Down a corridor on the second floor at Home Healthcare, Hospice and Community Services in Keene is the office of Hospice Director Michelle August. The 48-year-old Winchester resident has just finished the daily teleconference with her staff — most of whom now work at home due to COVID-19 — discussing the particulars of the patients under their care for end-of-life treatment and services.
It’s only mid-morning, but already a busy day for August and her team, caring for about 60 patients who, with their physicians’ consent, have decided therapeutic medical treatment can no longer help them.
“Hospice is all about people getting the best care possible, that they’re supported and loved,” August says, adding that it takes a special kind of personality to work with those who know they are dying.
“There is burnout among some because you’re always around strong emotions and complex family dynamics.”
Born and raised in Barrington, R.I., August says her grandmother, Victory Byron, was a significant influence on her life, and her decision to pursue a career in health care for older people, eventually leading her to hospice work.
Her grandmother, born in 1919 and named Victory in honor of the Allies’ defeat of Germany in World War I, served as the director of nursing at the Jewish Home for the Aged in Providence, which closed in 1993. She died at age 98 in 2017.
August admired her grandmother’s ability to build strong relationships with the elderly residents at the home, and saw that her patients truly appreciated what the woman did for them.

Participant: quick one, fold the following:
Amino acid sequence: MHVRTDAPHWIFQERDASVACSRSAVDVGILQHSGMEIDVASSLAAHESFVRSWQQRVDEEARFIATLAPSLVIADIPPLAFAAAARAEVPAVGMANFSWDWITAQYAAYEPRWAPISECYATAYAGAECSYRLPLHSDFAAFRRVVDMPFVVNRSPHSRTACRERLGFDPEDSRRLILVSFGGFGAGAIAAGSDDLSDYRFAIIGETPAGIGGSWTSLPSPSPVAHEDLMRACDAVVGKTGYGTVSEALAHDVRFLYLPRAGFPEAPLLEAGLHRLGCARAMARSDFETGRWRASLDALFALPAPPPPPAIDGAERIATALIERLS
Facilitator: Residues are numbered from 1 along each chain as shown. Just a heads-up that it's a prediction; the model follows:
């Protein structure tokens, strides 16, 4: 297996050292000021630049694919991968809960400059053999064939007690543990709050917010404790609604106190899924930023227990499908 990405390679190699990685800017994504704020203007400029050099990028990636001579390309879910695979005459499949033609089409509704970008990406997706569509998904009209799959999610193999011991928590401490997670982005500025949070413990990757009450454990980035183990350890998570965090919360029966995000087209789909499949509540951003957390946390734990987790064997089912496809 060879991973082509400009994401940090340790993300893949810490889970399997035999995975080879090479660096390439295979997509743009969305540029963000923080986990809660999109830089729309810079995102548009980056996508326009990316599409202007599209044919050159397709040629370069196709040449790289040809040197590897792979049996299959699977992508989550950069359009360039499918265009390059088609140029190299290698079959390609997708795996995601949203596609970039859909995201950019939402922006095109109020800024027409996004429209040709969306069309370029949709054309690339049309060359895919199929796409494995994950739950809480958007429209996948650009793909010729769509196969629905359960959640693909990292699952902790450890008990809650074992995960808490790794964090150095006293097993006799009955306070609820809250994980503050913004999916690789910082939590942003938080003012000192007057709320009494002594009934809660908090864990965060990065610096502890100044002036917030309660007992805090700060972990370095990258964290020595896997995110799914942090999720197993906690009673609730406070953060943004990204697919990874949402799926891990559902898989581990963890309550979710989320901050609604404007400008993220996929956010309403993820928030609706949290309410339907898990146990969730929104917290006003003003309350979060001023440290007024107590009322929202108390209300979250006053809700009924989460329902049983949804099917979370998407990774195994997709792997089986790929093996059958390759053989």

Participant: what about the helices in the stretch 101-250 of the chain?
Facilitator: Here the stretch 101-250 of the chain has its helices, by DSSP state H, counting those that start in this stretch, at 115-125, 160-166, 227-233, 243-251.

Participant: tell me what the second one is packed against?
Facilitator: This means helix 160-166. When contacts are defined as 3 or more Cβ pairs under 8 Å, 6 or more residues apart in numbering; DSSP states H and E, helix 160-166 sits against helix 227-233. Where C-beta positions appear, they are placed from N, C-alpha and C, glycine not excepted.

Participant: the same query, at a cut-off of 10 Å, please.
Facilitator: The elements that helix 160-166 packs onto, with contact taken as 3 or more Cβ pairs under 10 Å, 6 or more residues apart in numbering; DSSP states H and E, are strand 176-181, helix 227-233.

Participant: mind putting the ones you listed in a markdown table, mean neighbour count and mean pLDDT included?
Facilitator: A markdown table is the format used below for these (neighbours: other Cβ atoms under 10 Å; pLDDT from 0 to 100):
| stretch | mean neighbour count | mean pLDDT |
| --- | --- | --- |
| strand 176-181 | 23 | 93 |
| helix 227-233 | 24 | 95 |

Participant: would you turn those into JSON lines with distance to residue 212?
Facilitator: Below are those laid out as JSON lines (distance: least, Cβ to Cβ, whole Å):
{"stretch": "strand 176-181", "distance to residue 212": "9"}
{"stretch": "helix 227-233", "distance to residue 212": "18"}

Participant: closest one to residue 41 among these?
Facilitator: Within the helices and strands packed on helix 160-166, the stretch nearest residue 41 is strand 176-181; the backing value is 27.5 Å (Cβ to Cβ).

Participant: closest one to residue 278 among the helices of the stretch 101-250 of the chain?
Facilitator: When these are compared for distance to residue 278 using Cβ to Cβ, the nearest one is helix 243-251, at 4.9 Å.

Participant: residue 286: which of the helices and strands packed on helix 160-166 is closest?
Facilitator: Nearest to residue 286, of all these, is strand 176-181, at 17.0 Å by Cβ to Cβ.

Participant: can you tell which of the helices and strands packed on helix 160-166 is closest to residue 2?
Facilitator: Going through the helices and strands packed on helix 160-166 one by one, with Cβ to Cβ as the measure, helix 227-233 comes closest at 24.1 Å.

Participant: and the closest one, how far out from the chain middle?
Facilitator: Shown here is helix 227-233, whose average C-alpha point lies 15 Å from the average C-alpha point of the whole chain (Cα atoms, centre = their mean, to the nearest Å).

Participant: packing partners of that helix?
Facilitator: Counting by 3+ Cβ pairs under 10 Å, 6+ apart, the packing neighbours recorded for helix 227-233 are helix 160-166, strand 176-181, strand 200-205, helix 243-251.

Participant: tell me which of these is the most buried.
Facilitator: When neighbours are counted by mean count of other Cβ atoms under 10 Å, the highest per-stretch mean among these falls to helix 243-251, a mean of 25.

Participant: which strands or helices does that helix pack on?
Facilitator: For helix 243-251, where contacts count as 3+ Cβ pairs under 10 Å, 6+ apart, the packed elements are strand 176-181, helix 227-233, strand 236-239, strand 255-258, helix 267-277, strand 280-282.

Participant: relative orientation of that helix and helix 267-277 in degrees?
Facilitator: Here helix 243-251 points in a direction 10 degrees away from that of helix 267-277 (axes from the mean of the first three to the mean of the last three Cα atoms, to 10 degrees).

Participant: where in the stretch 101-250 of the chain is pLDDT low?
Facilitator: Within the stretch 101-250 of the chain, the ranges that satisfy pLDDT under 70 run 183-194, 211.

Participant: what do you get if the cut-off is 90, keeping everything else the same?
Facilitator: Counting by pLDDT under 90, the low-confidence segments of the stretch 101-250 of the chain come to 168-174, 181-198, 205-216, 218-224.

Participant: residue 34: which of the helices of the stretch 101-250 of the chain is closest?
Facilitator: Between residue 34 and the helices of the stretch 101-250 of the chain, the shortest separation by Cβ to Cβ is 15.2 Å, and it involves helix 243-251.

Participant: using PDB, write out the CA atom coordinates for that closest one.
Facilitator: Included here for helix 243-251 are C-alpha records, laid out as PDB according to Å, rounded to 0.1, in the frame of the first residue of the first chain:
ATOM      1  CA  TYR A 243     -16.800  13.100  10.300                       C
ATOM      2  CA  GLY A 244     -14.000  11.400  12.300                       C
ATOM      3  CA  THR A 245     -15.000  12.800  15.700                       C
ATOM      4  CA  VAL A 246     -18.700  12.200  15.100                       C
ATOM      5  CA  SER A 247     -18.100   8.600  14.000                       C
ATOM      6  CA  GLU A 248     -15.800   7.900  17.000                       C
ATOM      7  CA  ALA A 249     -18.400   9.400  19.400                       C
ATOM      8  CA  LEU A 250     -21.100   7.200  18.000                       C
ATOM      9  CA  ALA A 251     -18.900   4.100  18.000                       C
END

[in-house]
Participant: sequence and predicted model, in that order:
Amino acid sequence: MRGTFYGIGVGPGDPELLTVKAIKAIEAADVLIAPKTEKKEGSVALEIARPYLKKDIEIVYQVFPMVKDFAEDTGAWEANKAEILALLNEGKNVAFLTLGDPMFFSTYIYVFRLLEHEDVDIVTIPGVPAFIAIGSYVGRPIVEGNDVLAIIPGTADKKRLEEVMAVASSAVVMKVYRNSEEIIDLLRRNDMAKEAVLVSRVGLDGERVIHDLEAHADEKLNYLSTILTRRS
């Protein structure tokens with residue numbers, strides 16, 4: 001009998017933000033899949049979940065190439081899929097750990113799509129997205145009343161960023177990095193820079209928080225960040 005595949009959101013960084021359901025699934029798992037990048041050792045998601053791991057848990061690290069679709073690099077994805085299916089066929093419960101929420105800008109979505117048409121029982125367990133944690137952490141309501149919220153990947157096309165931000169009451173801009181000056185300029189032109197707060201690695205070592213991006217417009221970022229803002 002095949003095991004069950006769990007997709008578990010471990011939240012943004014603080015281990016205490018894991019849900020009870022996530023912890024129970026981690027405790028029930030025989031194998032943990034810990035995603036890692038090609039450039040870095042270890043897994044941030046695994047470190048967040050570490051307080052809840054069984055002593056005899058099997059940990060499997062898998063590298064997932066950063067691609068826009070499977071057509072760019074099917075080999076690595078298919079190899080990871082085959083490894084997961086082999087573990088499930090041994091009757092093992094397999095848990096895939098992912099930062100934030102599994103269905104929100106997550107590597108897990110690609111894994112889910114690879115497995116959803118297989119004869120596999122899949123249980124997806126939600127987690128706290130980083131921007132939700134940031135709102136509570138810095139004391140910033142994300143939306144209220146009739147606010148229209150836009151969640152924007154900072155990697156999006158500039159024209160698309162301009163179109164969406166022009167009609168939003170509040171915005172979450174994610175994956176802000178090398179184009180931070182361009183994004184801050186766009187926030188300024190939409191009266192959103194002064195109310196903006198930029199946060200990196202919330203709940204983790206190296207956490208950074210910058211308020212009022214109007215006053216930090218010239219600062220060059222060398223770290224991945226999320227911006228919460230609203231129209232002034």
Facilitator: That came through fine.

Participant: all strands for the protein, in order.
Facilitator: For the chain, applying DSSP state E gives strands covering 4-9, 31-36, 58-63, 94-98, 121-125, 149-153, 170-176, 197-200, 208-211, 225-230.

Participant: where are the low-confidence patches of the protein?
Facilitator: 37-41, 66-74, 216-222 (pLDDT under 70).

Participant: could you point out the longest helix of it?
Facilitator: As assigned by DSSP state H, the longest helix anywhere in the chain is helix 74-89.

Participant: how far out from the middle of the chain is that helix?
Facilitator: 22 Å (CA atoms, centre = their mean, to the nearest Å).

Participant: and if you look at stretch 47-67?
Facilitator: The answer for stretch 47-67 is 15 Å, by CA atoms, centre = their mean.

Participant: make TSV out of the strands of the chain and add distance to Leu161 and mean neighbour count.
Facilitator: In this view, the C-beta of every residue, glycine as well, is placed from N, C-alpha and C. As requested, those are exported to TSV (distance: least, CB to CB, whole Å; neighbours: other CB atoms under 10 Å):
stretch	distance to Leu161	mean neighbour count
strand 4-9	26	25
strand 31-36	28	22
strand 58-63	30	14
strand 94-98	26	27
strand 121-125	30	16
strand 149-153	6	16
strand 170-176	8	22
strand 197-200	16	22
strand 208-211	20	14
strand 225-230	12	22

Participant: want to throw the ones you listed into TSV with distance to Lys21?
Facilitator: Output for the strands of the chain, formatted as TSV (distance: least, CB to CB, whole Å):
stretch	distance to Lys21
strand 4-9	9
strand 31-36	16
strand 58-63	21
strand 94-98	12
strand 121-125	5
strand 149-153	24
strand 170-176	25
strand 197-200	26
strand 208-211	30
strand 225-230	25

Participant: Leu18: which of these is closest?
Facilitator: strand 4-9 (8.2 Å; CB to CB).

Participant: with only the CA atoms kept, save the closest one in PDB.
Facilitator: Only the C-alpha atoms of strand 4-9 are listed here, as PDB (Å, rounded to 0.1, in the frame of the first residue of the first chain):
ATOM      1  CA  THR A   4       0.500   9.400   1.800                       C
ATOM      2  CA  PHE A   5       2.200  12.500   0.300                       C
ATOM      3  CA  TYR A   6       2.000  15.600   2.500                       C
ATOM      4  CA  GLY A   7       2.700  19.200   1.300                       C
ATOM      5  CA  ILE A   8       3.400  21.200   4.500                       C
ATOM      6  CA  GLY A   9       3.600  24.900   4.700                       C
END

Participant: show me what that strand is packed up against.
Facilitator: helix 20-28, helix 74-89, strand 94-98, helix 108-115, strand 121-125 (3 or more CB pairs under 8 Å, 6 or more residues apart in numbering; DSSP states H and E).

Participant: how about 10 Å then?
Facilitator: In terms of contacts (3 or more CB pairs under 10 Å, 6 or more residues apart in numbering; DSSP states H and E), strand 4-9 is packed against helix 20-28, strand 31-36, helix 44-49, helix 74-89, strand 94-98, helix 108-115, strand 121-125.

After August graduated from high school, she attended the University of Rhode Island, but didn’t graduate, instead leaving to marry and having a baby. She ended up raising three children, at the same time enrolling in the Community College of Rhode Island, which she attended part-time and where she earned her nursing degree after five years.
“I first got interested in the hospice field back in 1999 when I was working in a long-term-care nursing home. I just hated to see someone dying alone,” August recalls. “It was hard, but you felt so good at the end of the night, knowing you were there for someone.”
She has learned much during her career about how people prepare for death.
“With some, it’s very private; they wait for everyone to leave. Or, they wait for someone to arrive.” In other cases, she has witnessed dying people speaking to long-dead relatives as if they were in the room. “They may say that their father is right next to them.”
The time leading up to death, too, can be very stressful for relatives of the patient, sometimes dredging up unresolved issues that have been long buried, “baggage or dysfunction” within families, she says.
“You don’t know what’s going on behind someone’s life; everyone has their own struggles,” she explains. “In dying, people are willing to let you into those intimate spaces; the ego isn’t there anymore.”
The onset of the COVID-19 pandemic added another layer of complexity to the job, a heightened need for staff to ensure the safety of themselves and their patients, and the wearing of sophisticated PPE equipment while in the home.
A complicating factor in hospice care is that it can sometimes coincide with various forms of dementia, August says, and nurses and social workers may have a more difficult time ascertaining the wishes and needs of their patients, as well as those of their families. HCS is now developing a program for dementia patients in hospice.